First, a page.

Andrew Kim’s speculative redesign of Microsoft permeates all of the company’s current efforts, including Windows, Metro, and Surface. It’s finally picked up steam across the internet much in the same way that Dustin Curtis’s American Airlines redesign did a few years ago — albeit without as much scorn. Andrew decided that “Microsoft needs to be a brand that represents the future.” His design reaches this lofty goal on a cosmetic level (dig the space theme), and exceeds it philosophically.
He also makes excellent advancements on the Windows branding (and current 2012 redesign from Microsoft itself). I’ve long fled the Microsoft boat (since 2003), and nothing has impressed me on a software level from them except the design philosophies of Metro. Metro should have been the phoenix in the Windows ashes, but Microsoft refused to surrender the old metaphor in its branding and logo. Metro (aka Windows Phone OS, Windows 8) could have been that chance. And the recent unveiling of Surface (along with more mainstream coverage of Windows 8) could have been its Mac OS X moment. But they’ve long stuck to their old ways. To name a few:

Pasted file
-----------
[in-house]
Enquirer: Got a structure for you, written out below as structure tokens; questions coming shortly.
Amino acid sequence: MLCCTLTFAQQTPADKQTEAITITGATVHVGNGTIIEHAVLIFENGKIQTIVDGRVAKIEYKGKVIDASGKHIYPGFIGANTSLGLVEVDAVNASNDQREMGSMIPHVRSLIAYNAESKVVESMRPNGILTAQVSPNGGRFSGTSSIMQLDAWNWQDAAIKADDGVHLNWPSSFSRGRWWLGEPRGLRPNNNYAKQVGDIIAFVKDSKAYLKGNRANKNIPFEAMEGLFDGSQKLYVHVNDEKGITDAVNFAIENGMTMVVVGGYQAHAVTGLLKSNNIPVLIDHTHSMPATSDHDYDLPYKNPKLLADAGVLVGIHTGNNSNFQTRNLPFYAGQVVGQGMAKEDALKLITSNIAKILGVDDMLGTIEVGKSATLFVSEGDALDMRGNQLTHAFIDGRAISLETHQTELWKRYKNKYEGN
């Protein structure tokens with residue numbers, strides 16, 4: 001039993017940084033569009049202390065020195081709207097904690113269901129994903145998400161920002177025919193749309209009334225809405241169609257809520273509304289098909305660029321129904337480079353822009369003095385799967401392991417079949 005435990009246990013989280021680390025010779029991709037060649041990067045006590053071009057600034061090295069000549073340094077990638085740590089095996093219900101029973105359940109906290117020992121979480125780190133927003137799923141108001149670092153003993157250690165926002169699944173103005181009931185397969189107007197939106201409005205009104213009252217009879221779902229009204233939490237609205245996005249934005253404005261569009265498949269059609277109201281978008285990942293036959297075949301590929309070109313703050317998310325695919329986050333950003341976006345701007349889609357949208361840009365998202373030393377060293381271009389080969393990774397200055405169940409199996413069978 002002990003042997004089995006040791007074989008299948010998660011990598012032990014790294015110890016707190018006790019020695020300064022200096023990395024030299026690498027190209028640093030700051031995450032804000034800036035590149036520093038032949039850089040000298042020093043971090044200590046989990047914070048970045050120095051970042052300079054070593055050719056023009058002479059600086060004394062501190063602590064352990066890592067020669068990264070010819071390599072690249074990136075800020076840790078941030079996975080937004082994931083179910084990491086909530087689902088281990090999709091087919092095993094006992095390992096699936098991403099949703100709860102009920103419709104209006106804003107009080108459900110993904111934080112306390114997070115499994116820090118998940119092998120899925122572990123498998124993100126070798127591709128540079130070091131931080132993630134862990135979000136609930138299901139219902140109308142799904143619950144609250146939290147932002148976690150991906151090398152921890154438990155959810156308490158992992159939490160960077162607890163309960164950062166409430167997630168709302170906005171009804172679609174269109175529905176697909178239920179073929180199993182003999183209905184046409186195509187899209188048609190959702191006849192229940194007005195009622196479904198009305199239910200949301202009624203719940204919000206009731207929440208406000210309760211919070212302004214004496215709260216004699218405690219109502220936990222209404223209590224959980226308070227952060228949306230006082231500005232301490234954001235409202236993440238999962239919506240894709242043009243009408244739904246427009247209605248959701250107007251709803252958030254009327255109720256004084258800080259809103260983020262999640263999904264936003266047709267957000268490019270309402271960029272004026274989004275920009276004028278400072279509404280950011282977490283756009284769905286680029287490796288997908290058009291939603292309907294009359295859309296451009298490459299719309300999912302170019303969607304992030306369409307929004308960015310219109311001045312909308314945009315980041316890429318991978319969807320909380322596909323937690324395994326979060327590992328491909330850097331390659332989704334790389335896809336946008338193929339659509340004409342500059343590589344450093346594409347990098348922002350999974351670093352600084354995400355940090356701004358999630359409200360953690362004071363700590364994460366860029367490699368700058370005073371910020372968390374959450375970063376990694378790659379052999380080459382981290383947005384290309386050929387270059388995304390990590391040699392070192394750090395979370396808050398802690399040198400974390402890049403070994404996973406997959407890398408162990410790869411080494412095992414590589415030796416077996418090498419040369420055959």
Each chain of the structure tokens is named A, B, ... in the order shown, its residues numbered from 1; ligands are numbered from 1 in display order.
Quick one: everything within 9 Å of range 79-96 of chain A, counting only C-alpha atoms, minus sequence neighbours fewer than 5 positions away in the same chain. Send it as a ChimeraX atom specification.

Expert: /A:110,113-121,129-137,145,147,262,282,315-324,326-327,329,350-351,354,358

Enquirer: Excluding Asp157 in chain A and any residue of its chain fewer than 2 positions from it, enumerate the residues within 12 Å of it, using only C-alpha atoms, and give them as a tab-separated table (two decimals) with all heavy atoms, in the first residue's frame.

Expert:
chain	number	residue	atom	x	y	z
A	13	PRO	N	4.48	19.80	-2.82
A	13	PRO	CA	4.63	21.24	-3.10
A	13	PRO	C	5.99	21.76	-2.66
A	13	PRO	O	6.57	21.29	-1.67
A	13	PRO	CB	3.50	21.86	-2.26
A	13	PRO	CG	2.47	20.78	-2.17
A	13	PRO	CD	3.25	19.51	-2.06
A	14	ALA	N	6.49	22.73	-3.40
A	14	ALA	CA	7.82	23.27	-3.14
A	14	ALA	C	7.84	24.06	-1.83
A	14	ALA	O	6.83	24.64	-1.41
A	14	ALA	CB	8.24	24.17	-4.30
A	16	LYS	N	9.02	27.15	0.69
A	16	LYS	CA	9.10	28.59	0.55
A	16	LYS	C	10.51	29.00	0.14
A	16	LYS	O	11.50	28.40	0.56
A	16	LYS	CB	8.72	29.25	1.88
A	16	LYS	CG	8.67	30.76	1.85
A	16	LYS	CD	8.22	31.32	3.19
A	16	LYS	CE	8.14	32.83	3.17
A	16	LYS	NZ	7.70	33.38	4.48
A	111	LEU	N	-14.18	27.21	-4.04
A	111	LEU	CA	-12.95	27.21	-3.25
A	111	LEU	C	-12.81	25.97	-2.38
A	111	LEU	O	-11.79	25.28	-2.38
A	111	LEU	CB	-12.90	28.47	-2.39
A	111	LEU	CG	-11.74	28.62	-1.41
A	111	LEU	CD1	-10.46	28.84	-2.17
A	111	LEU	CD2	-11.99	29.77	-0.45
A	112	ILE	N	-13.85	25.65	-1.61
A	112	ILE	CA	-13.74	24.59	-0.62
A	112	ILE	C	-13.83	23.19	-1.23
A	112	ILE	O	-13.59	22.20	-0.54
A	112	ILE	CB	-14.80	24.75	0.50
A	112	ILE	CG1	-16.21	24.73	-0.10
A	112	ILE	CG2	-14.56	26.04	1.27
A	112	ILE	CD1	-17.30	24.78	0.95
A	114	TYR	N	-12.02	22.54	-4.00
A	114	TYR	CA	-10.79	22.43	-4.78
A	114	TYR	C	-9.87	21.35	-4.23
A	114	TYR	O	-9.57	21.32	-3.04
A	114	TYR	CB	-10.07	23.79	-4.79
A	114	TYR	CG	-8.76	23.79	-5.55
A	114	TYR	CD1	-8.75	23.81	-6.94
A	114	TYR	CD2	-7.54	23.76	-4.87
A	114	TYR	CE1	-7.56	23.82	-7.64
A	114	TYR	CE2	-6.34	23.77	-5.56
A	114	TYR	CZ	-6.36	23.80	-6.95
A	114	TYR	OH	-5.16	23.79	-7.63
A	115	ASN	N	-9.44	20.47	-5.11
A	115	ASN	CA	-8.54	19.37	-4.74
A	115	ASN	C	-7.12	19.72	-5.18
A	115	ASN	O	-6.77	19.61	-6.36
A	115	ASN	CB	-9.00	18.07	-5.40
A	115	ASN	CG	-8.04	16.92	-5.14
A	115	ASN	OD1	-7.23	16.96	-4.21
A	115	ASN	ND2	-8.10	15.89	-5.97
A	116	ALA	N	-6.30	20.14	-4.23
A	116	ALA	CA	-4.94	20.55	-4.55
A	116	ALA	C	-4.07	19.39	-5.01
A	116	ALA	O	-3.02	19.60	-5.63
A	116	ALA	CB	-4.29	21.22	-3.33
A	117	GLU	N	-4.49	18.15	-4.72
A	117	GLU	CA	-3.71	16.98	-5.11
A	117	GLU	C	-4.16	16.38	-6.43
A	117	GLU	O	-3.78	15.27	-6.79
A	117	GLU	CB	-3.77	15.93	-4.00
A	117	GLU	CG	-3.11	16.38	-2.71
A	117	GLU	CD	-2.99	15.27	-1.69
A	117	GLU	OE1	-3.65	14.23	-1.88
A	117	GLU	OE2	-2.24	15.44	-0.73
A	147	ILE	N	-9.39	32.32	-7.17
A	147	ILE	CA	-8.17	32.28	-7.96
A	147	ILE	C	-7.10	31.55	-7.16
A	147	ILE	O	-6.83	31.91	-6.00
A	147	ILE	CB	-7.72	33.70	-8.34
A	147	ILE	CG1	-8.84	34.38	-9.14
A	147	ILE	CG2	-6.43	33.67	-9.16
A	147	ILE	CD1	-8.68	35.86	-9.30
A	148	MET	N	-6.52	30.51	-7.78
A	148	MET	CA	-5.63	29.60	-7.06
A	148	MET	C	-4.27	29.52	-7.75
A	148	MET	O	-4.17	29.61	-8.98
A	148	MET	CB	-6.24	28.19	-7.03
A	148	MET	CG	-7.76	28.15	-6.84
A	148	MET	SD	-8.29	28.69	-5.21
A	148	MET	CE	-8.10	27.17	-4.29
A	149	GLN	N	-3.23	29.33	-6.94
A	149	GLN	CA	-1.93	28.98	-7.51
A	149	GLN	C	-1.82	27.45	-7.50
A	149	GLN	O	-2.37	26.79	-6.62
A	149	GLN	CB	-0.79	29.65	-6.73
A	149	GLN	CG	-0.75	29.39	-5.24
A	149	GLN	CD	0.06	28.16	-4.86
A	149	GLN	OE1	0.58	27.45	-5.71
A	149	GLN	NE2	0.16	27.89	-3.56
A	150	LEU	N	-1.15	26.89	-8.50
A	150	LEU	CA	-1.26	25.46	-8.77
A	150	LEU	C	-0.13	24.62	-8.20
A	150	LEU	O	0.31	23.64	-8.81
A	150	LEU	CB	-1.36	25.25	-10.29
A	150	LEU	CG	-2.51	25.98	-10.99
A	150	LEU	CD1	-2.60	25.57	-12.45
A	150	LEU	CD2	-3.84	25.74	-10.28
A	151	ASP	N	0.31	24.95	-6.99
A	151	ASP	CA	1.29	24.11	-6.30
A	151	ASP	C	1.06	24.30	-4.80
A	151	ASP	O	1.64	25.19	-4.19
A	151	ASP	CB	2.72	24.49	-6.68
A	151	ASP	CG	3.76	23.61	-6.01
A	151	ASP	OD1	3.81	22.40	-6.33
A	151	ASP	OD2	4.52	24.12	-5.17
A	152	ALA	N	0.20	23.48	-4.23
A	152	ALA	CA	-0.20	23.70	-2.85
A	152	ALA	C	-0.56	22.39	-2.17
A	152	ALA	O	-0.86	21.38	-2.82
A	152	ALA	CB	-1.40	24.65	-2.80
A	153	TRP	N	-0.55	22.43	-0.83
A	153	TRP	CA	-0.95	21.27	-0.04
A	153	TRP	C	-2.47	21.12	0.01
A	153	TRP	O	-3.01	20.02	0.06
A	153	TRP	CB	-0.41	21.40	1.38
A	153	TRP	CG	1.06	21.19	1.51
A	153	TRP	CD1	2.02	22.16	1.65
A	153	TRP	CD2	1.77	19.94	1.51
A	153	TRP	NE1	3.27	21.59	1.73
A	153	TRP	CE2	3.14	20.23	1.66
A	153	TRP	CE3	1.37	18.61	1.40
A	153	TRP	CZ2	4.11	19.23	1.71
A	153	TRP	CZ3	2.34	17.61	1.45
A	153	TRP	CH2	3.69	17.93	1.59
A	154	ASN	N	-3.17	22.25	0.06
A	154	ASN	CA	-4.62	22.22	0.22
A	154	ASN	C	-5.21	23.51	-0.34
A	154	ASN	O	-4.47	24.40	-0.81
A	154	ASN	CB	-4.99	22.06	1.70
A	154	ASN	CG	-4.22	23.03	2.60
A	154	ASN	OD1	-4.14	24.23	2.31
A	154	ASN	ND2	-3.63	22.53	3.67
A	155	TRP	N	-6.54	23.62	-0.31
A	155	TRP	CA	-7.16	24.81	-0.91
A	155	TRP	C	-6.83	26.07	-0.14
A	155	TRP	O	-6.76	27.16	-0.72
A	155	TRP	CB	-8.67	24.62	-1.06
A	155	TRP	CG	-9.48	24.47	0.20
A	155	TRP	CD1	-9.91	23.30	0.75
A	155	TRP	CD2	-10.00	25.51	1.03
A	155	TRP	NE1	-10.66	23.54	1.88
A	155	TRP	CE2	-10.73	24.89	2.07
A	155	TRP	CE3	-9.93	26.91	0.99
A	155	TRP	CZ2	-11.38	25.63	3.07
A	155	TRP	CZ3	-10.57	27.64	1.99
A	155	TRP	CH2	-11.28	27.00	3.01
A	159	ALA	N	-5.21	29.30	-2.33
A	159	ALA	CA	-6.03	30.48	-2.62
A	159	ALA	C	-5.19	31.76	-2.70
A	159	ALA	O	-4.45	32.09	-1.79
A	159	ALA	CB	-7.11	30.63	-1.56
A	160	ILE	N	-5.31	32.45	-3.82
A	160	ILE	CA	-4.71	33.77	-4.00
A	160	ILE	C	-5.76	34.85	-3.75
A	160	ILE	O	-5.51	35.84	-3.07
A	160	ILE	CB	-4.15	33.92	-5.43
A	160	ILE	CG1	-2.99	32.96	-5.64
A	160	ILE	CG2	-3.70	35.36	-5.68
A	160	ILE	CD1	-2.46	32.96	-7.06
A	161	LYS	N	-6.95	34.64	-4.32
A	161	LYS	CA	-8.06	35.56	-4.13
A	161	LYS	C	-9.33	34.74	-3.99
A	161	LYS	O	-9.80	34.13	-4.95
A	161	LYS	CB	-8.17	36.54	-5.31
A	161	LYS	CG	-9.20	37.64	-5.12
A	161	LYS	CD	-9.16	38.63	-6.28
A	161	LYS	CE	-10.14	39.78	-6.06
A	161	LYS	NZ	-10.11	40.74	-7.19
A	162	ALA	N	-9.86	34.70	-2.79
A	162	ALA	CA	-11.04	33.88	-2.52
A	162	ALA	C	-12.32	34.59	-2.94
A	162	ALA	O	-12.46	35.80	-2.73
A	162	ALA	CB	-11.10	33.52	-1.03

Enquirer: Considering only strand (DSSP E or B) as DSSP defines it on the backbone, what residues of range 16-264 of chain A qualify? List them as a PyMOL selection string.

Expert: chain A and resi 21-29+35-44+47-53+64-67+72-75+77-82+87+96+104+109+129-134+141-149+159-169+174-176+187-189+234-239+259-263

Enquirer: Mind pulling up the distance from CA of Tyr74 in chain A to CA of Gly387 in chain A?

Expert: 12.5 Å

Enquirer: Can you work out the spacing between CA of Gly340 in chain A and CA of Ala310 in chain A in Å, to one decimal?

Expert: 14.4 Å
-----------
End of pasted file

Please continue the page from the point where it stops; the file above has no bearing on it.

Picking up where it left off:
- Backwards compatability via snapping that looks awfully hilarious
- Nervous to leap into the future by making mobile and desktop OSes the same thing (see: idiotic scroll bars)
- Showing the world Surface three years behind the competition and not letting a single person demo it afterwards
So it’s no surprise that Andrew Kim rebooted the idea of Windows for the future. And then he went and demonstrated to Microsoft how you carry a consistent design and branding through all your key product lines.